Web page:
Last month marks the three-year anniversary of my blog, but this week marks the end of not only a year, but a decade. I want to end this year with a little bit of introspection on who I am as an atheist.
I’ve made a few posts before on what type of atheist I am, my own personal evolution, and how my blog is changing. But I want to go into more detail about why I’m not your stereotypical atheist, even though perhaps I used to be.
Continue reading “Reflections on My Personal Evolution”
One of the first things I did when I wanted to educate myself on atheism was read The God Delusion by Richard Dawkins. Predictable, I know. I was a sophomore at the super-Christian, super-conservative Grove City College and all that I knew was that my professors hated Dawkins, so he must be doing something right. When I bought my own copy of The God Delusion, (the first book in my collection), I kept it hidden inside the cover of another, unsuspicious, book. I was still a closeted atheist at college, but moreso to my Lutheran family at home.
Continue reading “Outgrowing God Review”
When I finished Tim Keller’s The Reason for God, I had no idea what to read next. All of my books seemed equally intriguing to me, so I used a random number generator to choose what to read, and I landed on Stephen Jay Gould’s Dinosaur in a Haystack. This book was pretty good, but . . . wait, that’s not what we’re talking about, is it? Oh. Right. This is about Lucy.
Continue reading “Lucy Review”
For the first twenty years of my life, creationism was a fact. At least, I was taught that it was. God created the earth in six days, and anyone who tells you otherwise is maliciously and purposely lying to you. Evolution was vilified; it was not only factually incorrect, but it was morally reprehensible, as if facts could sin.
Continue reading “Creationism’s Greatest Weakness”
A few weeks ago, I wrote a response to a presentation by young-earth creationist Jerry Bergman in which he utilized appeals to authority as his primary forms of argument that “there are a lot of scientists who are being persecuted because they don’t believe in evolution.” Among the men that he used to make his case were C.S. Lewis. On Lewis’ evolutionary stance, Bergman stated, Continue reading “C.S. Lewis vs. Evolution”
A couple days ago I was flipping through a creationist book from my shelf, and I couldn’t help but notice that the author rarely ever used the word “evolution” when describing the theory of evolution by natural selection. Instead, he almost always called it Darwinism. Of course, we know what someone means when they say Darwinism, and even evolutionists often call it Darwinian evolution or Darwin’s theory of evolution. But I think that creationists have a very specific reason in using the term “Darwinism” instead of the word “evolution”. That is: they want to equate believing that evolution is true with belonging to a religion that worships Charles Darwin.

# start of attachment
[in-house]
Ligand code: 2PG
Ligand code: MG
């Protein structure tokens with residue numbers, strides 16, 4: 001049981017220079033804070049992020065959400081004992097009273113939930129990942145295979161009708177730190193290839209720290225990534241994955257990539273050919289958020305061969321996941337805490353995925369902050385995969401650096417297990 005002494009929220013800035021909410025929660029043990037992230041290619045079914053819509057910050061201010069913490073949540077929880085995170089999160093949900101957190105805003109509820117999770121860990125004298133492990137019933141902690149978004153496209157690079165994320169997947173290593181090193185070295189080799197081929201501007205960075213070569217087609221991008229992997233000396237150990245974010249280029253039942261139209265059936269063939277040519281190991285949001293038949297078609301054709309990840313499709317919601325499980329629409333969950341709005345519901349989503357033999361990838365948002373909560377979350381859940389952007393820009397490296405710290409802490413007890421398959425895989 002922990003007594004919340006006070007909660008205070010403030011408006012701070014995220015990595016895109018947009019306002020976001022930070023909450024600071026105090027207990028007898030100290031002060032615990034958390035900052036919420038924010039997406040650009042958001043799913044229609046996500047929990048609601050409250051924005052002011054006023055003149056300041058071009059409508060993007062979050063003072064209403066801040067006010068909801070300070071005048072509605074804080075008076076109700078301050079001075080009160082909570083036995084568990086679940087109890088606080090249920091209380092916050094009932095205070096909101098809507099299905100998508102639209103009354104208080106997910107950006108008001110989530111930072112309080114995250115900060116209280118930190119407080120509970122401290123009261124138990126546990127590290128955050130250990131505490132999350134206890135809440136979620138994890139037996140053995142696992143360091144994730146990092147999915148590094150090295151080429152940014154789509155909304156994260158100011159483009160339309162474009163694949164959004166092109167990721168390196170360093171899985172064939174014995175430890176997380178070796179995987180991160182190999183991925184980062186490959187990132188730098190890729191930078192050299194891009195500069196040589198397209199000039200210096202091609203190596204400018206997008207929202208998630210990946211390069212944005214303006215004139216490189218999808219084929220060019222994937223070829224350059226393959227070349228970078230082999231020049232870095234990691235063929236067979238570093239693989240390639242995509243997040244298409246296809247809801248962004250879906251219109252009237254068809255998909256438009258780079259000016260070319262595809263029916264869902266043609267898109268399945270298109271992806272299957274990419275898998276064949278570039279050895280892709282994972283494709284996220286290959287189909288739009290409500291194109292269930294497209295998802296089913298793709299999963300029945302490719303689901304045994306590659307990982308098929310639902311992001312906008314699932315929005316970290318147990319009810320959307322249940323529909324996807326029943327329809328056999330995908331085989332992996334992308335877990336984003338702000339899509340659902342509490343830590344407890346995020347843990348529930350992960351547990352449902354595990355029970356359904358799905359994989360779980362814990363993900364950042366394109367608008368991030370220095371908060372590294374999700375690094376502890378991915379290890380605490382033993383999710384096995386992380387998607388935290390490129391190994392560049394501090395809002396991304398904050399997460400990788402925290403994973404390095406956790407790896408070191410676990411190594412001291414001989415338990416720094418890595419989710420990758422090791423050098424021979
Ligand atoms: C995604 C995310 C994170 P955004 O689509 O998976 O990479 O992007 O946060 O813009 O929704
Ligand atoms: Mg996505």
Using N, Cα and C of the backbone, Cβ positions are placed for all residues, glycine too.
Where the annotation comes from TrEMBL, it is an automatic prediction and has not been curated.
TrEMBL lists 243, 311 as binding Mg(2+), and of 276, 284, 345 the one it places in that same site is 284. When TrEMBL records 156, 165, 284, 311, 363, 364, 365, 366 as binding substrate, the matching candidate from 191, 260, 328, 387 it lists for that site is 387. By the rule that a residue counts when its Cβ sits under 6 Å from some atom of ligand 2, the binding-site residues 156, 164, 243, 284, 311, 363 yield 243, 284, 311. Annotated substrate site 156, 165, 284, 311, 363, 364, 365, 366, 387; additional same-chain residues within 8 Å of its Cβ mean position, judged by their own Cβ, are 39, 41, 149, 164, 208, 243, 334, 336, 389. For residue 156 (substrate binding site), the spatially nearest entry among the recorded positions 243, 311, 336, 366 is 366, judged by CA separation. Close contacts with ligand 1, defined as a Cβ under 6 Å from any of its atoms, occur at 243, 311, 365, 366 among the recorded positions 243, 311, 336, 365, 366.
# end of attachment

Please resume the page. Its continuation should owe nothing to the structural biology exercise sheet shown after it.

Continue reading “Praise Be Unto Darwin?”
This week, I had the pleasure of taking a little break from Tim Keller’s The Reason for God, and I read a short book by Francisco Ayala called Am I a Monkey?: Six Big Questions about Evolution. It’s a cute little book in which the author explains evolution as simply as he can to the layperson. I think these explanations benefit not only those who don’t believe in evolution because they don’t understand it, but also those like me, for whom a refresher could never hurt.
Continue reading “Am I a Monkey? Review”
“The universe just seems to be so finely tuned.” “How can you look around at this world we live in and not believe that it was designed?” “Do you really believe that this all came about by chance?”
Whether you’re a theist or an atheist, it’s likely that you’ve either said or heard these things more times than you can remember. The argument for the fine-tuning of our universe is one of the most popular among apologists and counter-apologists, and for good reason. Not only can it include an appeal to emotion and experience, but the science of it all has fascinated great minds for centuries, including that of the late Stephen Hawking. So what really is the fine-tuning argument?
Continue reading “How the Fine-Tuning Argument Made Me an Atheist”
Recently, I came across a post on my old church’s website that a few months back, they hosted a presentation by a creationist on “The Best Evidence Against Evolution.” You may know that a while ago, I wrote a series for this blog trying to discover the Lutheran Church—Missouri Synod‘s official stance on evolution. In the end, it seemed that they decisively hold to young earth creationism, although the church still has no definitive stance on whether evolution is actually true.
Continue reading “How Many Creationists Does It Take to Refute Evolution?”
If you follow me on Goodreads, then you may have seen the painstakingly slow journey I have been on in the past months with Yuval Noah Harari’s nonfiction bestseller Sapiens. It felt a bit like a textbook at times, which contributed to it being a pretty slow read. But it was definitely something that I wanted to read all the way through, because most of its readers have been raving about it since its publication in 2015.
Continue reading “Sapiens Review”